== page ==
Luckily, I belong to a group on LinkedIn, the Associated Bodywork & Massage Professionals (ABMP). I joined to keep up with discussions about the profession. One person not long ago asked the following question:

What do you do for your hands when they ache after giving a series of massages? I am using proper body mechanics. My hands ache. I appreciate your feedback.

There were 55 responses that I’m going to summarize, because I feel so grateful to have this resource. Thanks to all the MTs who responded.

Please note that many of these are new to me; I am just summarizing what people posted. Later I will post what’s worked for me (that I’ve tried so far) along with a few of my own discoveries.

Recovery time

  • scheduling days off to recover
  • taking a 30 minute break after 3 hours (or however long works for you)
  • taking adequate time between clients to recover
  • not scheduling deep tissue sessions back to back

Body mechanics, stretching, strengthening, and recovery

  • paying attention to how you use your hands on your days off
  • doing hand stretching and strengthening exercises
  • resting in semi-supine position to open the brachial plexus (on your back, knees up, feet flat, book under head for 15-20 minutes)
  • paying even more attention to body mechanics as you work
  • getting a colleague to observe you work and give feedback
  • stretching after each client
  • lifting weights to strengthen arms and hands
  • punching a punching bag (with training)

Therapeutic devices

Heat and cold

  • dipping hands into hot wax/paraffin bath
  • applying hot and cold hydrotherapy
  • dipping hands into ice water

Self-massage

  • getting regular massage yourself
  • stripping your own forearm muscles
  • getting Reflexology on your hands or doing it yourself
  • learning Trager self-care movements for the hands
  • getting myofascial release work done on your arms
  • this page describes how to release wrist trigger points
  • this page describes how to release tennis elbow
  • cupping with suction cups

Delivering massage

  • working within your limitations (i.e., telling clients you don’t do full body deep tissue work)
  • reading the book Save Your Hands!
  • switching to Trager
  • learning Reiki so the energy goes only one way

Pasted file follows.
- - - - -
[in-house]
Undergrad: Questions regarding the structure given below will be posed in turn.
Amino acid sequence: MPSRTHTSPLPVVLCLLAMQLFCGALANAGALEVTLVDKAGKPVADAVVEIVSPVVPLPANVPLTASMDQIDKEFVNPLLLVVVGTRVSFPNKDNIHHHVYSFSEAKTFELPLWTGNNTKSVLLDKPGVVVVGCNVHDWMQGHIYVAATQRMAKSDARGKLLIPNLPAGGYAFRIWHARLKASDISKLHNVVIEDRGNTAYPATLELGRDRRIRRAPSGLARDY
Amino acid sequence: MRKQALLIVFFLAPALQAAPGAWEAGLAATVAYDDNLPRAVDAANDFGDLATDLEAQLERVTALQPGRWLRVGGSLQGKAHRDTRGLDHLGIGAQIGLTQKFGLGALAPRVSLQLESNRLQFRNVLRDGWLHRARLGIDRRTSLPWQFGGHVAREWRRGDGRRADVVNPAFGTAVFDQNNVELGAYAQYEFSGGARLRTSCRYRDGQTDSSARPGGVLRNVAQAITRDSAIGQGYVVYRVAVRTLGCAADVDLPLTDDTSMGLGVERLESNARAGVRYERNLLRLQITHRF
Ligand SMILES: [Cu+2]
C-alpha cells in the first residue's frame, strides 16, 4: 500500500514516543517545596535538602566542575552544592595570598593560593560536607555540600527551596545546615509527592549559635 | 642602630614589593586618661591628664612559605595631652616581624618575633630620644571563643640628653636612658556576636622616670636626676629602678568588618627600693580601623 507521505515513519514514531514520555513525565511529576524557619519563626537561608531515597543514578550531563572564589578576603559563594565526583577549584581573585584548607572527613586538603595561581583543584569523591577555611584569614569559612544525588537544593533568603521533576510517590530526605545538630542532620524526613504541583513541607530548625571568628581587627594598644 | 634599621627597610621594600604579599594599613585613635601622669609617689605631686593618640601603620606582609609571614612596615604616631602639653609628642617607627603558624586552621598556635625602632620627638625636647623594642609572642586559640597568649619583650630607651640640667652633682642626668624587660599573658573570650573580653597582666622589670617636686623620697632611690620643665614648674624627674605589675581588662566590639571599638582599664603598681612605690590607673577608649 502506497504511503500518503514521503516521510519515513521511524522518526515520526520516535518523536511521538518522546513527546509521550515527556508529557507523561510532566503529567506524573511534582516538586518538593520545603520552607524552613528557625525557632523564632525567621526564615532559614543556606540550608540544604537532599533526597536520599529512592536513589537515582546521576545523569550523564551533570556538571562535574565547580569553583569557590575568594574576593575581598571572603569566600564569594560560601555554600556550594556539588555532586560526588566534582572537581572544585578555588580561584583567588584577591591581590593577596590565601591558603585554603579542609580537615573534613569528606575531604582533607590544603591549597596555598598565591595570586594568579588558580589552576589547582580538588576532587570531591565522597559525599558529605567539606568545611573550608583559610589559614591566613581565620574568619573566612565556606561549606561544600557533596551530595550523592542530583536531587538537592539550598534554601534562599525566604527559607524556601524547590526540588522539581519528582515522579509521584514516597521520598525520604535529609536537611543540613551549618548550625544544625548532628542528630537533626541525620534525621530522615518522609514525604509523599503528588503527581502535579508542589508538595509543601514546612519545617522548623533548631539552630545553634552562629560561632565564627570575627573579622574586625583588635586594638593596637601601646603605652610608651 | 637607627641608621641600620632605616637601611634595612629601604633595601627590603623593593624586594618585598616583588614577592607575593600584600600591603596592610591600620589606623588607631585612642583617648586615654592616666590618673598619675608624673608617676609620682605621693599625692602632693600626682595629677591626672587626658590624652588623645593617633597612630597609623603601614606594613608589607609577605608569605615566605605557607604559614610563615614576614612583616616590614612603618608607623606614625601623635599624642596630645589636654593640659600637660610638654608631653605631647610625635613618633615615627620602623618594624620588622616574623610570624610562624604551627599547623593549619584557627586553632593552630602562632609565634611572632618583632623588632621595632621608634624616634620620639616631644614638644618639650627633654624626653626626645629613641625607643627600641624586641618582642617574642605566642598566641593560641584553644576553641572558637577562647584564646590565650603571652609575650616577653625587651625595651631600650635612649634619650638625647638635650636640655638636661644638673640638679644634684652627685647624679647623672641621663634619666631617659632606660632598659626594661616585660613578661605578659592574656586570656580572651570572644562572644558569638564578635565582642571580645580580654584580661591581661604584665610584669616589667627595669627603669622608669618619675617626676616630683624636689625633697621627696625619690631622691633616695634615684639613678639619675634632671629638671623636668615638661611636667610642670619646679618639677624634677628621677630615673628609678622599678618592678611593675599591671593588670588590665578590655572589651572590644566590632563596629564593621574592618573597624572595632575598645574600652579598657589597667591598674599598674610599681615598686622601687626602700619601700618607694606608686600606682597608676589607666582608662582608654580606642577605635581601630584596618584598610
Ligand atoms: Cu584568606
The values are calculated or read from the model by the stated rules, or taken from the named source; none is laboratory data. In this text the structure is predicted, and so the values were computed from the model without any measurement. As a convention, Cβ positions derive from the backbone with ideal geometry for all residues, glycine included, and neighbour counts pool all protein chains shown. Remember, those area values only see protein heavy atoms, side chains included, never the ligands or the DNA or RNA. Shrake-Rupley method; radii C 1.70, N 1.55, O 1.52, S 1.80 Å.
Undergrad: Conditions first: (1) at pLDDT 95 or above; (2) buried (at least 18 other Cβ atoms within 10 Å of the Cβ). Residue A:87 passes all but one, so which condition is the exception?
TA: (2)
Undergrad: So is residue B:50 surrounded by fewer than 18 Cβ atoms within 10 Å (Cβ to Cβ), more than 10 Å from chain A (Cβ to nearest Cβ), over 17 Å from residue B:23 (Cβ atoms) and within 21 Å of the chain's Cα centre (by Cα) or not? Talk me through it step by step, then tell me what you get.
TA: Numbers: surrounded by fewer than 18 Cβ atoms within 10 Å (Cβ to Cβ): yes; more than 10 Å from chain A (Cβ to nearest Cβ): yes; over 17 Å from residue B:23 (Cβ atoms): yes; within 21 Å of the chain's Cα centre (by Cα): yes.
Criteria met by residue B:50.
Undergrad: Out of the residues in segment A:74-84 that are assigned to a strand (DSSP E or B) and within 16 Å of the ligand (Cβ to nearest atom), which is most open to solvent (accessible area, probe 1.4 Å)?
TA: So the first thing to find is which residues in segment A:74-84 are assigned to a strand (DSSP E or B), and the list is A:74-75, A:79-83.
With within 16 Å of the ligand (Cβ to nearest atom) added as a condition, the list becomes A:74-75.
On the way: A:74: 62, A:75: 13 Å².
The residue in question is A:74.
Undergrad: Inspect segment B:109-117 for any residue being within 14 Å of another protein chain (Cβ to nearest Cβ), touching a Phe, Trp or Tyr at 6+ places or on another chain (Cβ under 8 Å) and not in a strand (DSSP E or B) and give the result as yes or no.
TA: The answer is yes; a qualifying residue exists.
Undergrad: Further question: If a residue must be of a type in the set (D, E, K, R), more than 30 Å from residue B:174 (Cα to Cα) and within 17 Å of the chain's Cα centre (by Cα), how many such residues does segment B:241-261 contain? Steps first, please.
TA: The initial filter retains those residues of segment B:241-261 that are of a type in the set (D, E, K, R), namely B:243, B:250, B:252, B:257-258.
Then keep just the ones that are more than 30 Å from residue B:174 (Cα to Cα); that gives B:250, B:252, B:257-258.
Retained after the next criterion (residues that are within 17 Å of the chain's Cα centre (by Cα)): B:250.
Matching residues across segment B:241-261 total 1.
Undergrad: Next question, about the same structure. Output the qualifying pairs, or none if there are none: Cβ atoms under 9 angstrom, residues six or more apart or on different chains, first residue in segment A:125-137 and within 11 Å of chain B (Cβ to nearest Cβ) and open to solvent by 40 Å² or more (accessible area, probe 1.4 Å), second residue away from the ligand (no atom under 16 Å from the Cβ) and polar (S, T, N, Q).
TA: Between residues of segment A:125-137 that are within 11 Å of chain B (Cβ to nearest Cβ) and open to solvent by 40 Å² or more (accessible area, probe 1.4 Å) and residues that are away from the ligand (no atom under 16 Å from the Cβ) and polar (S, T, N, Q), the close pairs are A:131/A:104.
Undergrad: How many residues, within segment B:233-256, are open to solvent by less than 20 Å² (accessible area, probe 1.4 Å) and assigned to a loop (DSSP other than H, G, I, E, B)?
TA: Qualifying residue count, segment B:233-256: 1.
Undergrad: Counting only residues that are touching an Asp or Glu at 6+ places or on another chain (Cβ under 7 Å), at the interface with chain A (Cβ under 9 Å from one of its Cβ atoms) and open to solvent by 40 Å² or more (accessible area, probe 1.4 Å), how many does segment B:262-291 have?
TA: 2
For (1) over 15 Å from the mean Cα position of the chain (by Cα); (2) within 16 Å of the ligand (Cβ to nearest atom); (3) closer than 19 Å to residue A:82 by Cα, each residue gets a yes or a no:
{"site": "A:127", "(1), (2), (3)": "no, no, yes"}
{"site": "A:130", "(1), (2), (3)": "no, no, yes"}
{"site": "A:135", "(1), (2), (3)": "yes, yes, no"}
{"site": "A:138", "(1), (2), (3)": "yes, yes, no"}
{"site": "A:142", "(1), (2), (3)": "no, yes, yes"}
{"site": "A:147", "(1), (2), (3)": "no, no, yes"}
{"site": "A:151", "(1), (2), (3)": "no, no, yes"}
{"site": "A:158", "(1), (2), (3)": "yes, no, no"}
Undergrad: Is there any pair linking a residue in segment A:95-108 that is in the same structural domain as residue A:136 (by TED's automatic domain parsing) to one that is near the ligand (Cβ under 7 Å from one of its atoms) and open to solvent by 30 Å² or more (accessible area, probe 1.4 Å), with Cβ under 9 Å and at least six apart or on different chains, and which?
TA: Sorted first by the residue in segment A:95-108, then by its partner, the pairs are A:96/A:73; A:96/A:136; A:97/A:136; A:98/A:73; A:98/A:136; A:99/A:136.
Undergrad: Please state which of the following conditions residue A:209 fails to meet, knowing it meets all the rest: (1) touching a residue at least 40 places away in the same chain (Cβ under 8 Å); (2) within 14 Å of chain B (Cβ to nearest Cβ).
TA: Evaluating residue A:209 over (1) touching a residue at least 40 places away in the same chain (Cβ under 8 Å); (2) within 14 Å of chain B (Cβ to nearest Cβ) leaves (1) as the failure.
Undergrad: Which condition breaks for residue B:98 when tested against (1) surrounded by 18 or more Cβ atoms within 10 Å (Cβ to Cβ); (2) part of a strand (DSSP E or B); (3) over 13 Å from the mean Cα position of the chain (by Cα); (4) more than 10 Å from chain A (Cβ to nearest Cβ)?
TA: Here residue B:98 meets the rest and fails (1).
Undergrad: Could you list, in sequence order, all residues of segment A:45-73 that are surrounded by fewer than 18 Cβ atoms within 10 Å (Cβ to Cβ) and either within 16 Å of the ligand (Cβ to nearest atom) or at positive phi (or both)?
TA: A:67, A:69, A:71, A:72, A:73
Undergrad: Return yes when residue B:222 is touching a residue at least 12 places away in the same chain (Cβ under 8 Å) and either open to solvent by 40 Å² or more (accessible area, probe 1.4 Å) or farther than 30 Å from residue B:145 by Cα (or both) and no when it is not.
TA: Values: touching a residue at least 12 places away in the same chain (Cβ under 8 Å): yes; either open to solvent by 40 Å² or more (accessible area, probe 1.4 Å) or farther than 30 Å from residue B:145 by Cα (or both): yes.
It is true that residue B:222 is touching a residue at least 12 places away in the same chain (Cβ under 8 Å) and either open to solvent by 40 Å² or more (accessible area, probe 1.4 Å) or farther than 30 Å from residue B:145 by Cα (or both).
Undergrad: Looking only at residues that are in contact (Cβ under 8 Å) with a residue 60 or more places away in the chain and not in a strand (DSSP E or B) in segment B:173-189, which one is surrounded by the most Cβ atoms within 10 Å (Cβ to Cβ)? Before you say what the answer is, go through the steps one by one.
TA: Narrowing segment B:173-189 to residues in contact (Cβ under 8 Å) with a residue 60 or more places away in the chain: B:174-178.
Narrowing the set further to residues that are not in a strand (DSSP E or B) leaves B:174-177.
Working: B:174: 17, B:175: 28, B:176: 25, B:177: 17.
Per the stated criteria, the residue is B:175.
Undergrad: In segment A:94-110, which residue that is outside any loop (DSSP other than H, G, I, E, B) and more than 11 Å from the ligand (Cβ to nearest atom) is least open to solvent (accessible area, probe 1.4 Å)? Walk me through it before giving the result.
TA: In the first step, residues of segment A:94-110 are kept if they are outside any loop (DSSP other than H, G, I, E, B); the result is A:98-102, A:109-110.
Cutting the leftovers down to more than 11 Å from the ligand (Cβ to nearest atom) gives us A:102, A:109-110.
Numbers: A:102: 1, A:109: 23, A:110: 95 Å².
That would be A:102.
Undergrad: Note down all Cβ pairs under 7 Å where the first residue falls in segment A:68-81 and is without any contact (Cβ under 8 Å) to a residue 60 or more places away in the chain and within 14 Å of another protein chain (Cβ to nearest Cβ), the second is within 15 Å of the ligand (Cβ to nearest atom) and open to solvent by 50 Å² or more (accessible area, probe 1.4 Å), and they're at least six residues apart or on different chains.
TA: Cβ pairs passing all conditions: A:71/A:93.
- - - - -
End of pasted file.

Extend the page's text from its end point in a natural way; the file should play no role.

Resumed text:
• learning Bamboossage, Ashiatsu Oriental bar therapy, or floor Ashiatsu to deliver deep tissue work
  • use alternating areas of the hand/forearm/elbow in moderation
  • having a box of tools available (balls, bamboo sticks, knobbers) to use on clients’  tough spots
  • using Art Riggs’ techniques for deep tissue work
  • using your forearms instead of hands whenever possible
  • using cupping
  • applying hot towels to client
  • holding thumbs tight against hand and using body to push for static pressure point work
  • using the edge of your hand or base of palm area instead of thumbs for sweeping or kneading motions

Oils, herbs, creams, gels, minerals

  • applying essential oil of rosemary for warming or peppermint for cooling (add to jojoba oil)
  • applying oils that are anti-inflammatory: helichrysum, frankincense, German chamomile, Cape chamomile, katrafay, and ginger
  • applying oils that are analgesic: lemongrass, clove, litsea cubeba, peppermint, wintergreen, and eucalyptus citriodora
  • combining anti-inflammatory and analgesic oils; applying them to neck, shoulders, forearms, hands, and feet to relieve hands
  • applying St. John’s wort oil, white willow tincture, fresh turmeric tincture, comfrey fomentation, raw apple cider vinegar fomentation
  • using arnica cream
  • applying Biofreeze
  • applying magnesium oil or gel
  • soaking in an Epsom salt bath
  • soaking your hand in lukewarm or cold water with a minimum amount of salt

Diet, teas, supplements

  • staying hydrated
  • changing your diet to lower inflammation (no details given)
  • drinking coconut water
  • drinking a blueberry smoothie
  • eating cucumbers with sea salt
  • avoiding eating sugars, nightshades, baked products with flour and corn
  • avoiding caffeine
  • taking turmeric internally
  • drinking comfrey tea
  • taking supplements for joint health (no details provided)
  • taking MSM with glucosamine